Probable upside replaces improbable upside. As a general rule, VC firms need the exit valuation to be about the size of the fund. A billion-dollar fund, for example, requires billion-dollar exits to impact its fund returns. (See this article for a good explanation of the math involved.)

It’s a high bar.

Granted, there are more Unicorns than ever before. (The latest number from The Wall Street Journal is 154.) But the numbers still don’t add up.

Hundreds of VC firms are competing for a few Unicorn startups at any given time.

The vast majority of VC funds are destined to give mediocre returns at best.

But for crowdfunders, the upside needed is much lower. Here’s some quick math to show you exactly what I mean.

At an extremely modest and achievable exit value of $50 million, a seed-stage investor can make 10X (assuming a $5 million seed valuation) and 5X (when accounting for dilution).

In a portfolio of 20 startups, let’s say 10 don’t return anything. And the remaining 10 return 5X. (Please understand I’m giving you a simplified version of what actually happens.)

Let’s say you’ve invested $1,000 in each. You’ve made $50,000 on a $20,000 stake without one big hit.

Let’s say that just one out of the 10 holdings offering returns exits at a $300 million valuation. That’s less than a third of a Unicorn’s value – very doable and not uncommon.

Sticking with our $5 million seed valuation, you’ve made 60X, and when dilution is included, roughly 30X, or $30,000.

Your portfolio has returned $75,000 on a $20,000 stake.

This is what a crowdfunder can make with just one modest “hit” of $300 million. And, remember, that’s only one out of 20.

One more modest “hit” of $300 million and you’re looking at a $100,000 profit.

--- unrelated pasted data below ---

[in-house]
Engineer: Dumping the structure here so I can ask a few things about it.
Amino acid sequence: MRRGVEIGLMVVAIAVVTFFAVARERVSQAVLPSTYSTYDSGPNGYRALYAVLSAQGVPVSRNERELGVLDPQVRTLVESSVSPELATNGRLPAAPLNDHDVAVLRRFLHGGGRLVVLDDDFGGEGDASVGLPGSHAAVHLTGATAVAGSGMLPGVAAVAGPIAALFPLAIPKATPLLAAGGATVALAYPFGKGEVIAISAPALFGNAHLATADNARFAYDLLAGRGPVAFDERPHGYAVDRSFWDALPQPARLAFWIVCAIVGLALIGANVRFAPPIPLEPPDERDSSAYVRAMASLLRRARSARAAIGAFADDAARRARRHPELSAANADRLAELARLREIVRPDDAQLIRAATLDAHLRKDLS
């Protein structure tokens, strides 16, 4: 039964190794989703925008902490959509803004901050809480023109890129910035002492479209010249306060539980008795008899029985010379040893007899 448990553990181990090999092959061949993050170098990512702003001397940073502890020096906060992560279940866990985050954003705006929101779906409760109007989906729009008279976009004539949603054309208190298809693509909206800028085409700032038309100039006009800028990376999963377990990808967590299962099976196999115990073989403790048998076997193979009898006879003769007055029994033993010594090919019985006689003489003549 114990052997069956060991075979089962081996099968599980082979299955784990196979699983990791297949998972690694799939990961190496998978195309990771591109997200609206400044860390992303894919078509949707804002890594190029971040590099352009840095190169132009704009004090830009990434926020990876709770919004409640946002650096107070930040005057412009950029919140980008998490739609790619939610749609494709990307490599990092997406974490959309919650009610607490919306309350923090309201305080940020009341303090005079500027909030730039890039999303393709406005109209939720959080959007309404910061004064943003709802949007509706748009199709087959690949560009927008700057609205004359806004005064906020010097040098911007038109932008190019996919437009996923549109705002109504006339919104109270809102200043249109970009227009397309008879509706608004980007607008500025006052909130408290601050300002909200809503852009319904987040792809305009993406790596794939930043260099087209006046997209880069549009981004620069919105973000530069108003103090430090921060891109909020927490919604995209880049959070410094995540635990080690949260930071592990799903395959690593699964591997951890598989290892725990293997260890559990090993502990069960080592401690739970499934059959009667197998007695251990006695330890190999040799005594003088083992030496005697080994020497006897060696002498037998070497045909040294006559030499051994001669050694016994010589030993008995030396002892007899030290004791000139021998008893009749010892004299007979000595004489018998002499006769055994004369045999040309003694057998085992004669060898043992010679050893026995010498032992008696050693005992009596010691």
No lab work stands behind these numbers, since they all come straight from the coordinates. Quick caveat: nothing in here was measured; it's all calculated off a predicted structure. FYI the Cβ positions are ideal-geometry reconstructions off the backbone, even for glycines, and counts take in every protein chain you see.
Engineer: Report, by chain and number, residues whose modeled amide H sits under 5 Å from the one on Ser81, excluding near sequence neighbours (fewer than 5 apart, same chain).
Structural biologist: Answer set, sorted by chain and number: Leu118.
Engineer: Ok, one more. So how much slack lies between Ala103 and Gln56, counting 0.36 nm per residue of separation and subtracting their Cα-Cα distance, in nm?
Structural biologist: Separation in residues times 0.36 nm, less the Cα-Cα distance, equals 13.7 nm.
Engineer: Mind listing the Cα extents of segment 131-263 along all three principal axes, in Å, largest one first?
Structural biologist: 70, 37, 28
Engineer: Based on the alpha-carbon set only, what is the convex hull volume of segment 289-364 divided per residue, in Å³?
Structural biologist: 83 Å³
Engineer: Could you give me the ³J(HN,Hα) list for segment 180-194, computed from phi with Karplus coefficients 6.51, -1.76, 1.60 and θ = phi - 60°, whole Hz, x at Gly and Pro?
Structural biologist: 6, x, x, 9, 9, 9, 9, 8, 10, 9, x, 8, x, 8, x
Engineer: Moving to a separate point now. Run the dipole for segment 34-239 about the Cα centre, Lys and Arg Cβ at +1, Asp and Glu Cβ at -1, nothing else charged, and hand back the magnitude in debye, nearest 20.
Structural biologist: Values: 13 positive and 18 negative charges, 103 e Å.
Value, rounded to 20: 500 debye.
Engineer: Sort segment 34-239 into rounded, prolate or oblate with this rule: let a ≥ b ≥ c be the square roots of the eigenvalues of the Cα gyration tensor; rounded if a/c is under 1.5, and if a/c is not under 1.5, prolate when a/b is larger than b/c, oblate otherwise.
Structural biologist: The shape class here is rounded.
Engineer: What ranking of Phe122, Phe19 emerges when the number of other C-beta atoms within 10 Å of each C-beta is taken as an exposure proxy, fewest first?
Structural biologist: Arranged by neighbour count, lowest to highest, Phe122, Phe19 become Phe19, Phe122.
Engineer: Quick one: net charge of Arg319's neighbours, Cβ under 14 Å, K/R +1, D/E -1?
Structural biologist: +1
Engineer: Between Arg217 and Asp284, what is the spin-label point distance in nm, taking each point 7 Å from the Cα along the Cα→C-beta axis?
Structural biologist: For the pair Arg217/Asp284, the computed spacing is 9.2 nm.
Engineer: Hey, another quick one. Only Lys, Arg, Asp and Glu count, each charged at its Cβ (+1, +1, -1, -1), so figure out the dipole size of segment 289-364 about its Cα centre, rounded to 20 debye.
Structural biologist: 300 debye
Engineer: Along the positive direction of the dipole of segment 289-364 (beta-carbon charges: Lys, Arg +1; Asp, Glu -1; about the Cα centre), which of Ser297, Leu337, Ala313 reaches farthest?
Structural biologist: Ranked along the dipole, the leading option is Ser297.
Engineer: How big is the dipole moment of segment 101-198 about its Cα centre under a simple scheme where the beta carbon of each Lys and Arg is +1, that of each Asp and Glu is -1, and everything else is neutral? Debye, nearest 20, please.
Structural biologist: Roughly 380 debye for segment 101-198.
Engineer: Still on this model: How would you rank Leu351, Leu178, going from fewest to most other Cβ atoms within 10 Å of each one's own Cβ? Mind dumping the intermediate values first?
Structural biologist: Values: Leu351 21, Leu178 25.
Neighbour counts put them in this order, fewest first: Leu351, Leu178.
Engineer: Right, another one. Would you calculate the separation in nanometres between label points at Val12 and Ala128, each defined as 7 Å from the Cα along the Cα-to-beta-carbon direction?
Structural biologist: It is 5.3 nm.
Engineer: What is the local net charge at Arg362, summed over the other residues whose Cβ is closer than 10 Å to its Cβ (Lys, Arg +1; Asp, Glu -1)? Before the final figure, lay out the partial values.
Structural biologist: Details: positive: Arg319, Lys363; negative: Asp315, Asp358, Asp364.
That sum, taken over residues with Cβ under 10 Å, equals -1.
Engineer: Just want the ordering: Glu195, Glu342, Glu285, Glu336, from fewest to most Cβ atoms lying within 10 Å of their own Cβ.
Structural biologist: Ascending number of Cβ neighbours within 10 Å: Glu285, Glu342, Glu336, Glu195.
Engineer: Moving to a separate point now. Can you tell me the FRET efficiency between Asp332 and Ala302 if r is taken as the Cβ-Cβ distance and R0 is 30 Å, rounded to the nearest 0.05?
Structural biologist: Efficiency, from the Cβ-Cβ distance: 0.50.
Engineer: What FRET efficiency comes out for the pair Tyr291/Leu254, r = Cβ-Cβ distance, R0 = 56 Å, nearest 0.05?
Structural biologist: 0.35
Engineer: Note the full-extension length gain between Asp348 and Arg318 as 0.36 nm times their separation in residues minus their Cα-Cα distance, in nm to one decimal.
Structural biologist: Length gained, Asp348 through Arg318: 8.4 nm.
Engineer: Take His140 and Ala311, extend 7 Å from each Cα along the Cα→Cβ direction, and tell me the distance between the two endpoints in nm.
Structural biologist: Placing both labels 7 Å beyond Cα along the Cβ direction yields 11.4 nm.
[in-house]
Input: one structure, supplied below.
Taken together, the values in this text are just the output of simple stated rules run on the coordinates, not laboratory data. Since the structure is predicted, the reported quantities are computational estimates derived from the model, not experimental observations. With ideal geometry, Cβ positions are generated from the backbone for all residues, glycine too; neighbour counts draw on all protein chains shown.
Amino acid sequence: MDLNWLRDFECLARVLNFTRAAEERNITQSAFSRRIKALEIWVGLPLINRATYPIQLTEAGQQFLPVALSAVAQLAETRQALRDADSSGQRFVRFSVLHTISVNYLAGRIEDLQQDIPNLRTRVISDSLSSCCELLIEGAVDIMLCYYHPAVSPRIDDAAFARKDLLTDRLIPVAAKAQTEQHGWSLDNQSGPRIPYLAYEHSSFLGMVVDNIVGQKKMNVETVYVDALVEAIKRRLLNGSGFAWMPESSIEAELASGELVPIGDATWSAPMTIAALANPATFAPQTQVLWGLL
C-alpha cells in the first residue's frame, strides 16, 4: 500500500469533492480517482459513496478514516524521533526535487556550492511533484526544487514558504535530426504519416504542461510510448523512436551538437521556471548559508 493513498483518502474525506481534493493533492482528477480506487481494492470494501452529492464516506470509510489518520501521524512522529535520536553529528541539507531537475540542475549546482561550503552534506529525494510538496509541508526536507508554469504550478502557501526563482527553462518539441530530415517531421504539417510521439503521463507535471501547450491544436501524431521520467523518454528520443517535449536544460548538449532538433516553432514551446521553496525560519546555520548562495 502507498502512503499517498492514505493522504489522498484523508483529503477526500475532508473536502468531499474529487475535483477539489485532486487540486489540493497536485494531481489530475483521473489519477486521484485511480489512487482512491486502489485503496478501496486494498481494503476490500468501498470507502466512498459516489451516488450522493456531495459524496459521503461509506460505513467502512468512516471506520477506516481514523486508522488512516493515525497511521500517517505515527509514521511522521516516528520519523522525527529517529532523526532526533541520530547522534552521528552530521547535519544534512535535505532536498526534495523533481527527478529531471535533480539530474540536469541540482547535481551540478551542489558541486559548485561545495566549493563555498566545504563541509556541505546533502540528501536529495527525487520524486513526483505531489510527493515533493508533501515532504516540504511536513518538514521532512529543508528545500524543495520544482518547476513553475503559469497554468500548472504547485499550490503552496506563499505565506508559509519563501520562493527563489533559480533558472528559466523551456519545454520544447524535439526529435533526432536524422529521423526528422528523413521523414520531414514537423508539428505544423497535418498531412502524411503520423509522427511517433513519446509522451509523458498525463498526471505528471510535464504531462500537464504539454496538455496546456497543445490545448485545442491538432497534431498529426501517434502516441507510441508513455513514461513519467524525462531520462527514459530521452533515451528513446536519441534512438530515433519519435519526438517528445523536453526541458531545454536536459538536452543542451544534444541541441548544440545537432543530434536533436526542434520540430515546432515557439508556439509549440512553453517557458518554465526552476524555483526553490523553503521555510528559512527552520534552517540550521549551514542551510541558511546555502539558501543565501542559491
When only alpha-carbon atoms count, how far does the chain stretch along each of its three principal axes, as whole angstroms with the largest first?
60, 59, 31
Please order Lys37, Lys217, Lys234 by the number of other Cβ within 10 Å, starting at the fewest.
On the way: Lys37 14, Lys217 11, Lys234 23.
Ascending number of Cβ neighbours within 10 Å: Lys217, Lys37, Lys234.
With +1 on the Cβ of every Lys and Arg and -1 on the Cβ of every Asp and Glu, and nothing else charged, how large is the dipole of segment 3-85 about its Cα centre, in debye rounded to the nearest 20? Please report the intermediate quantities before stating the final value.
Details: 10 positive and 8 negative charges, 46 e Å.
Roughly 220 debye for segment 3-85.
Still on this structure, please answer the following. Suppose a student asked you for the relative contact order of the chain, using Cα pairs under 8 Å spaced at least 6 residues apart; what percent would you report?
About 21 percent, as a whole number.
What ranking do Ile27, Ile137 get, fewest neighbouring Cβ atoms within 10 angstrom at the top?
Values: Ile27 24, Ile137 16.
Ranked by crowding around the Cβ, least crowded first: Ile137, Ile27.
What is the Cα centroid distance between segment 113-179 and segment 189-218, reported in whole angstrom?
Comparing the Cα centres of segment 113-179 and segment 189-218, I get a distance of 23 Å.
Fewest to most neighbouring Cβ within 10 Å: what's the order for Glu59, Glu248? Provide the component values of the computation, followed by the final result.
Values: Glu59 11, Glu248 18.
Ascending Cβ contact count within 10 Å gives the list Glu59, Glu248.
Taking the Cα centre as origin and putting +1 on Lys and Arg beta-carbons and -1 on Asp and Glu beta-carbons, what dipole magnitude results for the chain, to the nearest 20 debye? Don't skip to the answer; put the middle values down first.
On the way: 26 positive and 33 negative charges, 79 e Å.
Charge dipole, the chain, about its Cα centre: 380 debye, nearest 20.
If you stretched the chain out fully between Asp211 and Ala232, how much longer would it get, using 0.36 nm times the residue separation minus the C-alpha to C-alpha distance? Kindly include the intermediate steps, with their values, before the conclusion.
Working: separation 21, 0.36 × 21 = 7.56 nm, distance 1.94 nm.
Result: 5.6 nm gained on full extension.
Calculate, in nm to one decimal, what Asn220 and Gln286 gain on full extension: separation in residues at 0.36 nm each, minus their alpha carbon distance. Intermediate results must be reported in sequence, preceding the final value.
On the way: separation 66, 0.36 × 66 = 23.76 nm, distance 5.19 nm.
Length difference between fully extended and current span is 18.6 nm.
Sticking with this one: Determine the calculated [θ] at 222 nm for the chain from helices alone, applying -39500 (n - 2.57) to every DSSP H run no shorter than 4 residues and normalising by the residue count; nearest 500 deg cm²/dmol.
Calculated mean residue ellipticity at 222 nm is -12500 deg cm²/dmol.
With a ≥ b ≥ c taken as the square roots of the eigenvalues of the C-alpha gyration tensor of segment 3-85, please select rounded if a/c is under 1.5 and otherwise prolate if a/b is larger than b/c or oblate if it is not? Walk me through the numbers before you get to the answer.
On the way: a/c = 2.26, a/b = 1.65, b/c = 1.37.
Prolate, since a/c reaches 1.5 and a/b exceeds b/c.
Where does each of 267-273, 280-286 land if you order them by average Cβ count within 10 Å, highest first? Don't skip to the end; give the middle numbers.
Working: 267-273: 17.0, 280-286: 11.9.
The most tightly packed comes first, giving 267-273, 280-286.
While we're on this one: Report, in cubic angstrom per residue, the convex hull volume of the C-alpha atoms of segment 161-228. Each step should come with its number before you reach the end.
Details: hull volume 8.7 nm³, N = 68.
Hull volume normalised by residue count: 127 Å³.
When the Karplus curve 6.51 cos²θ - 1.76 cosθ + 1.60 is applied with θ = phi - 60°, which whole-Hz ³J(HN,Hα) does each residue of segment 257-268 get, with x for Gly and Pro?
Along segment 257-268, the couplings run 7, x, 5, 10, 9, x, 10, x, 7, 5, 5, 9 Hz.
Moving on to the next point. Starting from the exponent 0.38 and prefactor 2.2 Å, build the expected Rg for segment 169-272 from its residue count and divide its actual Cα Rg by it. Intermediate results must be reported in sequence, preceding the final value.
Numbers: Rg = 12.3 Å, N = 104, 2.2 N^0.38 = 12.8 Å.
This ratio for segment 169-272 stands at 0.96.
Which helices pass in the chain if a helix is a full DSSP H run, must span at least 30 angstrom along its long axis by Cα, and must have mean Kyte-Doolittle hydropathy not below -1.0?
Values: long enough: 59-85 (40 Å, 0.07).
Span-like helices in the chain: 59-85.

Two out of 20 really isn’t asking a lot.

And then there’s this…

You did it with startups whose upsides VC firms wouldn’t touch.

Numbers replace impact. Mr. Destin quite rightly says that for VCs, 60X on a $1 million investment in a startup (at that return, most likely a Unicorn) isn’t going to have a big enough impact.

So it’s not enough for their investments to turn into Unicorns – they also have to have a substantial piece of the Unicorn (20% to 30%).

For crowdfunders? Something tells me that a 60X profit that turns a $500 stake into $30,000 wouldn’t leave them tearing their hair out.

Crowdfunders need not worry about impact. But they do need to worry about hitting their numbers – that is, building a portfolio of at least 15 to 20 startups.

That lets the math work for you instead of against you.

Just plan ahead, budget, and don’t go hog wild on the startups that really excite you. (Doubling your normal investment for the really exciting ones is a good strategy.)

Once again, VC firms have it much tougher. Acquiring 20% to 30% of a VC-backed company’s stock can be very expensive. Even if the VC firm has the money, the founders may not want a single investor to own such a large stake.

And the Winner Is…

Access, extreme upside and impact remain out of reach for most VCs.

Crowdfunders face the far easier task.

Building a stool resting on the legs of discretion, modest upside and numbers should be something all crowdfunders can do.

Should sturdy stools become the rule and not the exception, then it’s only a matter of time before crowdfunding becomes as common as investing in blue chips.

That future awaits.

As I said, it’s the early days. Crowdfunding should still be viewed as a grand experiment.

But so far, the experiment is going very well.

Invest early and well,

Andy Gordon

Founder, Early Investing